San Diego: Jonathon Mello, mello_j@sdea.net, (619) 200-0010

San Francisco: Mathew Hardy, Communications Director, mhardy@uesf.org, (415) 513-3179

Richmond: Demetrio Gonzalez, UTR President, president@unitedteachersofrichmond.com, (760) 500-7044

San Jose: Jennifer Thomas, SJTA President, jthomas@sanjoseta.org, (408) 694-7393

San Bernardino: Ashley Alcalá, SBTA President, ashleysbta@gmail.com, (909) 881-6755

We are a coalition of California parents, community, educators, and students united in our commitment to transforming public education in ways that contribute to a more just, equitable, and participatory society.

Together, we are fighting for well-resourced, community-centered, publicly funded and democratically run schools that prepare our students with the intellectual, social, and emotional skills necessary for success in a changing and often turbulent world.

Our Platform for The Schools All Our Students Deserve

1. Low Class Sizes: Quality instruction for all our students depends on limiting the number of students in a class. Lowering class sizes improves teaching and learning conditions leading to growth in student achievement and positive social interactions.

2. Adequate Resources for All Schools with Additional Resources for Our High Needs Schools and Students: All schools and students deserve adequate levels of funding and support, including but not limited to quality early childhood education programs, lower class size, lower Special Education caseloads, additional educators, after-school tutoring, counselors, nurses, certificated librarians, and other resources to address our students’ academic, emotional, and social needs. Schools and students with the highest need should receive additional funding and support. Site based governing bodies consisting of democratically selected staff, parents, students, and community partners should be responsible for deciding how such additional supports are to be used.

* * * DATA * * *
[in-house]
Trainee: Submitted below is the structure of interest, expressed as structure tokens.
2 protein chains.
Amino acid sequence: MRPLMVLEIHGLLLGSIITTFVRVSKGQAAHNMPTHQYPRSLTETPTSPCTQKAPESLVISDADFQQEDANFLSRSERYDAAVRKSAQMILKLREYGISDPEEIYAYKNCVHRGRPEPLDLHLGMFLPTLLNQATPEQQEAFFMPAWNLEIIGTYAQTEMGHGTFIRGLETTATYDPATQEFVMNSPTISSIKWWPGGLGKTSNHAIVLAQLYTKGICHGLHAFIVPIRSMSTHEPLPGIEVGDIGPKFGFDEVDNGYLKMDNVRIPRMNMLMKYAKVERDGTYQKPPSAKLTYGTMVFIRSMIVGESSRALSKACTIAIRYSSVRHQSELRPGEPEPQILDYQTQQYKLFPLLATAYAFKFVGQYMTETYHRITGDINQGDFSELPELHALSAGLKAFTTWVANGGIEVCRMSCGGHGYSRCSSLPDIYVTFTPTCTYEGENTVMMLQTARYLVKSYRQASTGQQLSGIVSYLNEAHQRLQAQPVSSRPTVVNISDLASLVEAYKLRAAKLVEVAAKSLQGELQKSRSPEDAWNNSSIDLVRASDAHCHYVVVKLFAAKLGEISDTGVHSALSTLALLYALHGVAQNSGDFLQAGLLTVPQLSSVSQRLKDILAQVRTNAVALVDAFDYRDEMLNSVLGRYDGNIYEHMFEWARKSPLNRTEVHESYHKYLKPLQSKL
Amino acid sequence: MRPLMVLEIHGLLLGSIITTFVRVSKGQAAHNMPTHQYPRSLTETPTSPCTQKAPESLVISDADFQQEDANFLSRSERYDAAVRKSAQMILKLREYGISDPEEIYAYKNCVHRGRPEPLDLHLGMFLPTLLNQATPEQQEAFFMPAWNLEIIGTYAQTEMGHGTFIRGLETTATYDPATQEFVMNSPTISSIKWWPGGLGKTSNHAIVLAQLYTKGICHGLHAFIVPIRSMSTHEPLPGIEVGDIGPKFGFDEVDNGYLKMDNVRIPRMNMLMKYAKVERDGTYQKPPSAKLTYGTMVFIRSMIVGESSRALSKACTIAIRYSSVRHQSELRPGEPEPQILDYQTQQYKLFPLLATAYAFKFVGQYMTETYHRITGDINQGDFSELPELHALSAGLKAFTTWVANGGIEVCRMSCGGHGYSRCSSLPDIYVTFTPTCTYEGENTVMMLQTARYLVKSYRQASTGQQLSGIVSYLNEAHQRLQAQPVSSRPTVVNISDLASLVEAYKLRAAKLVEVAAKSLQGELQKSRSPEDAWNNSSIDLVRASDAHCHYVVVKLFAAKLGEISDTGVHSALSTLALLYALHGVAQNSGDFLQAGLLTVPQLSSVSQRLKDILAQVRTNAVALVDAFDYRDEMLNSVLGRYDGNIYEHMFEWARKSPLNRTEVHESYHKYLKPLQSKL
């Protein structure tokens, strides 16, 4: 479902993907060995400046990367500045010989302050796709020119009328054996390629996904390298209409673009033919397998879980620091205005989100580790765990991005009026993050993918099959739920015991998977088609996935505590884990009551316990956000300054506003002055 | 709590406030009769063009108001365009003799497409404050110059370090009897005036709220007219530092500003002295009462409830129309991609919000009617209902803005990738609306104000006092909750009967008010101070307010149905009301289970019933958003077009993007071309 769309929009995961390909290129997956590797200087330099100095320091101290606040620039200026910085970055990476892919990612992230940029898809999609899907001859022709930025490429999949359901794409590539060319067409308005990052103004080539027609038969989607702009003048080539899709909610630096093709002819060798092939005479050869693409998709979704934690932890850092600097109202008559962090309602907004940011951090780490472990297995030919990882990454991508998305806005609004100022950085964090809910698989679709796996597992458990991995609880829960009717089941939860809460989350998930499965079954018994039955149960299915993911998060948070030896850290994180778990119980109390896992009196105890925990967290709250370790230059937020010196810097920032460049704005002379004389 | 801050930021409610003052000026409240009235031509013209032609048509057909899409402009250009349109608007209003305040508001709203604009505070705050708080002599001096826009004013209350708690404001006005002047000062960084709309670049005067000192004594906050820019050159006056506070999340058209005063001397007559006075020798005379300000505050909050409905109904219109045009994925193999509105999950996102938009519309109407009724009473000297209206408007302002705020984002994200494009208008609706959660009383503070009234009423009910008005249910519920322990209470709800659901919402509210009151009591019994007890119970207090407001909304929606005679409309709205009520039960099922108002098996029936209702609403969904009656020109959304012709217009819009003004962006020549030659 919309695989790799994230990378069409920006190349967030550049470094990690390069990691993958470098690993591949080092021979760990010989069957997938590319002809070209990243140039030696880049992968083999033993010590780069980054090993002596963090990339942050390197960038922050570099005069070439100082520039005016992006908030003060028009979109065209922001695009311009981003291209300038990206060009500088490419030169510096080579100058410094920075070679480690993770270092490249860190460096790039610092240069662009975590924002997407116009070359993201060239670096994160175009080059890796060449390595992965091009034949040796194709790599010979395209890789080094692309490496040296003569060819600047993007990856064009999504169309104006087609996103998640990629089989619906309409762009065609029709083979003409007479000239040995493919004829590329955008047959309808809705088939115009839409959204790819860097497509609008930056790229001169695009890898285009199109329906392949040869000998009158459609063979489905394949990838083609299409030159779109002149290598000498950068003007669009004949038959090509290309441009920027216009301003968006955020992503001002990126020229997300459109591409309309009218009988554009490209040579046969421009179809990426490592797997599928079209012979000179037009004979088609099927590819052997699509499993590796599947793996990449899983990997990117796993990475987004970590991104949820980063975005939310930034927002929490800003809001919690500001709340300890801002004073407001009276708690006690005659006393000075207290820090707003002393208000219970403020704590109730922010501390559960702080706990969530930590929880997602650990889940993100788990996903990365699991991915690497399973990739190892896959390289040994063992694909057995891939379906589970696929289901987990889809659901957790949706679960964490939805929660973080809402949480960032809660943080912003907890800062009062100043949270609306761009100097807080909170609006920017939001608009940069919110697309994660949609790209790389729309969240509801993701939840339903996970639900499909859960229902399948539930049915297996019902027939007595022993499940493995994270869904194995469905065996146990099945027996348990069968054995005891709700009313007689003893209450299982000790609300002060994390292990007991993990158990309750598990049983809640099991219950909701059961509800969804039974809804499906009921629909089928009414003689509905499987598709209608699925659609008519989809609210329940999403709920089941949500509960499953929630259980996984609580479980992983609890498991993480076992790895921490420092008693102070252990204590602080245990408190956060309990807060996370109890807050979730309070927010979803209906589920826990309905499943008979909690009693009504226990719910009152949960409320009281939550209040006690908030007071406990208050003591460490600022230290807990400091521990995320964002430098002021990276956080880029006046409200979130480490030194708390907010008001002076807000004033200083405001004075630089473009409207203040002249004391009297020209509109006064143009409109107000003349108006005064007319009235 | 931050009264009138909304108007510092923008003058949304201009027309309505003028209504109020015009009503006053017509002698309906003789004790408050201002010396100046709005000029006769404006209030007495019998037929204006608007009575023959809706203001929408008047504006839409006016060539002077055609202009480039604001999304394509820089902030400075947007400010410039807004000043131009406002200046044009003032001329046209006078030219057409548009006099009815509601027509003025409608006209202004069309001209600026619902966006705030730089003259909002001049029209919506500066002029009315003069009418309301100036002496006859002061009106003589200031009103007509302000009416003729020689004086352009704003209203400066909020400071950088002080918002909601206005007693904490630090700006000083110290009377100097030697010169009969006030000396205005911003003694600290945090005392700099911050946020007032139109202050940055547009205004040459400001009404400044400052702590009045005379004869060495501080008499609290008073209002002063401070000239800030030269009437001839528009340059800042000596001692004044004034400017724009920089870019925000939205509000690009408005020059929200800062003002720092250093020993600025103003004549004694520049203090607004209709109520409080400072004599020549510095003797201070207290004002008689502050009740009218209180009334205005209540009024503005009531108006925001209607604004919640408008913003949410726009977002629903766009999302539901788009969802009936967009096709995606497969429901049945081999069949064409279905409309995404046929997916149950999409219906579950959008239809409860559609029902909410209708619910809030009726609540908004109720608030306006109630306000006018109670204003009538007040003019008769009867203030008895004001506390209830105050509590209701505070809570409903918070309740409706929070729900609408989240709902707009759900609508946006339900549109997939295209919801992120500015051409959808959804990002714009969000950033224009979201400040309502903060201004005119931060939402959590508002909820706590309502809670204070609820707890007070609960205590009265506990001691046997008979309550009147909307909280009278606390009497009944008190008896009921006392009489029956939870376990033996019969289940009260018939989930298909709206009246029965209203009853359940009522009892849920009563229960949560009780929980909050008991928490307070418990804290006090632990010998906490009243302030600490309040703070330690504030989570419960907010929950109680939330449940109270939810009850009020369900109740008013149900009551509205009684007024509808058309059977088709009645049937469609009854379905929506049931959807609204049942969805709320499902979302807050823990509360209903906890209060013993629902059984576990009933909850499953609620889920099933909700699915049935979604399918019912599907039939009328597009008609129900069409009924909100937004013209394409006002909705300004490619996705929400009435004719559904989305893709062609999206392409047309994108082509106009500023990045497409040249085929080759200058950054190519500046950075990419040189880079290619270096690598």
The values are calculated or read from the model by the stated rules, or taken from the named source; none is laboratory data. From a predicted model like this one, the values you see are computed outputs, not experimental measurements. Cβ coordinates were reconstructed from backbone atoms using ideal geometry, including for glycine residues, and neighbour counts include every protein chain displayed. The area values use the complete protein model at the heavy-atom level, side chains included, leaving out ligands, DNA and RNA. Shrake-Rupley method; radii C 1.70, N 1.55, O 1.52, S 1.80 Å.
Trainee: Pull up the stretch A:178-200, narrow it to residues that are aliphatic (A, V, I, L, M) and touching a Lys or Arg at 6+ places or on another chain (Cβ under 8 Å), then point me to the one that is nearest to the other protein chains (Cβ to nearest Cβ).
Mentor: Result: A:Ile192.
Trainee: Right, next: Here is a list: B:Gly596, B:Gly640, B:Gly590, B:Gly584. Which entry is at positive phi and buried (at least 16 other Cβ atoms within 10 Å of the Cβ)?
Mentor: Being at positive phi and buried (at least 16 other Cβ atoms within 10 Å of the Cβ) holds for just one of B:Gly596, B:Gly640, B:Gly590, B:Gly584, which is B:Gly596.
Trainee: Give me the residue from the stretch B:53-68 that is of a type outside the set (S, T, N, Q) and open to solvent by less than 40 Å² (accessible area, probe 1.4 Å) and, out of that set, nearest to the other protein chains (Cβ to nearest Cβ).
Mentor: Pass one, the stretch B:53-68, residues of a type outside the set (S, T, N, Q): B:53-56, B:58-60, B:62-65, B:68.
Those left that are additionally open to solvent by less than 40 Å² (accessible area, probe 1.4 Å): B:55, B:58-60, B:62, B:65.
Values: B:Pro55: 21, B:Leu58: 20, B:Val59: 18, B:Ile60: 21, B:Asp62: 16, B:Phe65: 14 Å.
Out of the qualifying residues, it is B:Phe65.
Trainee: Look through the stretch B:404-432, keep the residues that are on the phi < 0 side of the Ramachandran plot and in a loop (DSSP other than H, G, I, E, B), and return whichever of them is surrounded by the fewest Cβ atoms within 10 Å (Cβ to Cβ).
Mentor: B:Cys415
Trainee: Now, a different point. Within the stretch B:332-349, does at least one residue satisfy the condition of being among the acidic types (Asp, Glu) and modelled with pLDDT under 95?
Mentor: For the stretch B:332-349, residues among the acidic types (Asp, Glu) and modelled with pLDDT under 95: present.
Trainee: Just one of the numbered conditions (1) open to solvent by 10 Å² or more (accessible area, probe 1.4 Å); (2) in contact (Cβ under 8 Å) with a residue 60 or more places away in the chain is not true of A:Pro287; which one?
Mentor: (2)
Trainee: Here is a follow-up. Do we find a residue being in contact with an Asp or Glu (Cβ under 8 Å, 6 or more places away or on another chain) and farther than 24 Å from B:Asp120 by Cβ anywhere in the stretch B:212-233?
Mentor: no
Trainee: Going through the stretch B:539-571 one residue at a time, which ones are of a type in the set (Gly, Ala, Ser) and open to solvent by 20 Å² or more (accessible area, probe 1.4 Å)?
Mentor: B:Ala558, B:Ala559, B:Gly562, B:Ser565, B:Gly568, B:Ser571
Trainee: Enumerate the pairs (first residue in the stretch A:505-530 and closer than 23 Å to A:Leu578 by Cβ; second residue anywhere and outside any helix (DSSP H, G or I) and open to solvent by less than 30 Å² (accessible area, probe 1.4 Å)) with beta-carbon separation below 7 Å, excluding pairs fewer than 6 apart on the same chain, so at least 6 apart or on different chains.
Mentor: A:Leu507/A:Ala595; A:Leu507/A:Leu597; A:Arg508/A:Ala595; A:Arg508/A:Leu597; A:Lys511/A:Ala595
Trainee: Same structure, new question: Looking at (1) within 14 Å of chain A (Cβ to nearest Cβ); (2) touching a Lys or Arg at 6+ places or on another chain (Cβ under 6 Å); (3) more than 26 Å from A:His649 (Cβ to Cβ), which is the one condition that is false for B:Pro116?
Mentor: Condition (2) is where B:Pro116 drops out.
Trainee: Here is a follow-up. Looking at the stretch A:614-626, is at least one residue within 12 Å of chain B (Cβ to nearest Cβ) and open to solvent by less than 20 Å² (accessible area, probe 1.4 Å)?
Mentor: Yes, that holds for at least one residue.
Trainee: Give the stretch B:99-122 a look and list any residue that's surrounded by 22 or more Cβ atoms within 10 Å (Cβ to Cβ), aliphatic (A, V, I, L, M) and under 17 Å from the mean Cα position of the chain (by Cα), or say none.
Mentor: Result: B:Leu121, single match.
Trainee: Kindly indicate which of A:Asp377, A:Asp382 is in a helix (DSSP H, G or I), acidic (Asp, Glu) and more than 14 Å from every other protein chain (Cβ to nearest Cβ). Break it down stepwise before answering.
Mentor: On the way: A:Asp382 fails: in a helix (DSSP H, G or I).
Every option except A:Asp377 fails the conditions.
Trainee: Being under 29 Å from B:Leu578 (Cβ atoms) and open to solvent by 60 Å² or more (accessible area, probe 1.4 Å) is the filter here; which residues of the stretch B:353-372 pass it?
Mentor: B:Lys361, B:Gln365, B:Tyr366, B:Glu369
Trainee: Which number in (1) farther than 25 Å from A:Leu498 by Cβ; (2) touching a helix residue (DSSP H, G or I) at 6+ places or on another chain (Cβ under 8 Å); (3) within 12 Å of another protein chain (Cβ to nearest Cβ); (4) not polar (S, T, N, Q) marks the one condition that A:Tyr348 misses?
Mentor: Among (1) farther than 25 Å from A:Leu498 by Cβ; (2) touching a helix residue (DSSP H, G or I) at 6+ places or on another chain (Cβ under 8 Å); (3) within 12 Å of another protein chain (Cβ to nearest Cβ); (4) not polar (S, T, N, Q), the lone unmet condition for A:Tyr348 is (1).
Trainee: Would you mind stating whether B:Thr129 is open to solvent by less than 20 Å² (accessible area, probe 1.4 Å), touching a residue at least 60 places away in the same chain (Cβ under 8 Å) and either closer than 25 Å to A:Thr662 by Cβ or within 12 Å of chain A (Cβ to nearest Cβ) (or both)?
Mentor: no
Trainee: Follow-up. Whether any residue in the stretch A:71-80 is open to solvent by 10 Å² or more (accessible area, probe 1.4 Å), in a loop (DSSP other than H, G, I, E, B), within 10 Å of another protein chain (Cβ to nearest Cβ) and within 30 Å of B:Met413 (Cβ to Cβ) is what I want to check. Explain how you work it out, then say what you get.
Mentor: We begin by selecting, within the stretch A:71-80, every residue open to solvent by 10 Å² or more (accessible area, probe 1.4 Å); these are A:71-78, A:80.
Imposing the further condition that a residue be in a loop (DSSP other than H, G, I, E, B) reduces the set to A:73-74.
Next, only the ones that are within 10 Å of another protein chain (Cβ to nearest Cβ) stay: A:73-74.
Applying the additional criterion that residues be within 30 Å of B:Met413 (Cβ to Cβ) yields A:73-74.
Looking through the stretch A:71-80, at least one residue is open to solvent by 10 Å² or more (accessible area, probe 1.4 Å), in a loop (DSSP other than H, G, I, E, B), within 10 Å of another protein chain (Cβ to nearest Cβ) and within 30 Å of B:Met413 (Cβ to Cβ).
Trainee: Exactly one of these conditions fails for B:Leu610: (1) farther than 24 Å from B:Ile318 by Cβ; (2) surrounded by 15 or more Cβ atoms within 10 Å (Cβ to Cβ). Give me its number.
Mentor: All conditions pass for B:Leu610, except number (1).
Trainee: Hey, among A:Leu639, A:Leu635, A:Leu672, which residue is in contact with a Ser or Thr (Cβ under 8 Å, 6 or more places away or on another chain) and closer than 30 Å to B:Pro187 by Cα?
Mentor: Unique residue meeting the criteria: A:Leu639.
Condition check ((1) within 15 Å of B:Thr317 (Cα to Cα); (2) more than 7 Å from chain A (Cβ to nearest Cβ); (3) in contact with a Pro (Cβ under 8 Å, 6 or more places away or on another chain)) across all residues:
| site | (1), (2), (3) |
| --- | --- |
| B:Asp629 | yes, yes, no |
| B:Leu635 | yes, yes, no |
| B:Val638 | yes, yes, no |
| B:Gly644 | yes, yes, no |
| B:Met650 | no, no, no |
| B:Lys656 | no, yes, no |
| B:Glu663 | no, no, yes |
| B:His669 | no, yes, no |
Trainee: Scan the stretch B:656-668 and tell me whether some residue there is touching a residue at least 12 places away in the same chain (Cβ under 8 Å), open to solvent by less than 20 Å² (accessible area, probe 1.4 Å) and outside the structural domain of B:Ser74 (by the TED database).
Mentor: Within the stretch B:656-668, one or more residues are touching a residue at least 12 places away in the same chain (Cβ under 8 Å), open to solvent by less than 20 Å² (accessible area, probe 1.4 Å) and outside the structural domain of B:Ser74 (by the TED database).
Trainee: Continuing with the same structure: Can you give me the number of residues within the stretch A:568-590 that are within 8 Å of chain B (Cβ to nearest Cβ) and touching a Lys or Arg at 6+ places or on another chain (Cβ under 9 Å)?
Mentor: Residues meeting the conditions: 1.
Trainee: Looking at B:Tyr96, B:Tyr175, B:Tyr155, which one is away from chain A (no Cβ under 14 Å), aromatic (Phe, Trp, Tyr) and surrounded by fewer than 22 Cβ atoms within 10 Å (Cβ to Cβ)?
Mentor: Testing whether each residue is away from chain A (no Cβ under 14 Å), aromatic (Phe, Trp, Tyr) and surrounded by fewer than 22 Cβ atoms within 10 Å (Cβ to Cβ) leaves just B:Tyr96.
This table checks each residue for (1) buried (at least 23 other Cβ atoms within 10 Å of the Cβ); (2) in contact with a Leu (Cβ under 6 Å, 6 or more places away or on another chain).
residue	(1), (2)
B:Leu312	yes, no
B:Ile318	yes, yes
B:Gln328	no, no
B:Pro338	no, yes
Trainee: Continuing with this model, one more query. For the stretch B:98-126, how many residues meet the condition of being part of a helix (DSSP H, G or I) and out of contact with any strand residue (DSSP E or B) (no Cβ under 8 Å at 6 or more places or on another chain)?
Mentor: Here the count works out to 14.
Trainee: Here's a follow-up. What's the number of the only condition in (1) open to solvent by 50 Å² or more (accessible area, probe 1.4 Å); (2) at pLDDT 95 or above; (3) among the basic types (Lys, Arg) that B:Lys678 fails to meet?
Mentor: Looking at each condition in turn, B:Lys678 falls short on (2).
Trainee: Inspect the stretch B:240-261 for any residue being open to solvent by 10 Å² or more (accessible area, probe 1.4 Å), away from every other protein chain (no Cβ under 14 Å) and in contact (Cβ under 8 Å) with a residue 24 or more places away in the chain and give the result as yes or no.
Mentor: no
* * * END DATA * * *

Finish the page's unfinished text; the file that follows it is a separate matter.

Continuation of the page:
3. Shared Decision-Making at Our Local Schools: The needs of a school are best addressed by the members of the school community. Site based governance by democratically selected stakeholder representatives is a critical component for school and student success. Districts and unions should provide joint trainings to fully empower these bodies.

4. Charter Schools Accountable to Our Communities: All schools receiving public money must be held accountable and be locally and publicly controlled. Unfortunately, many privately run, under-regulated charter schools drain needed resources from neighborhood schools, are not fully transparent in their operations, and fail to provide equal access to all students. Common sense standards and adequate oversight are necessary. New charter schools should not be approved without ensuring accountability and transparency and without a comprehensive assessment of the economic and educational impact on existing public schools.

5. Safe and Supportive School Environments: All students at publicly funded schools, regardless of ethnicity, gender, economic status, religion, sexual orientation, and immigration status, have a right to an academically stimulating, emotionally and socially nurturing, and culturally responsive environment that recognizes and addresses the many stresses that affect student performance and behavior. Adequate trainings and supports for restorative justice programs must be provided as an alternative to punitive disciplinary programs.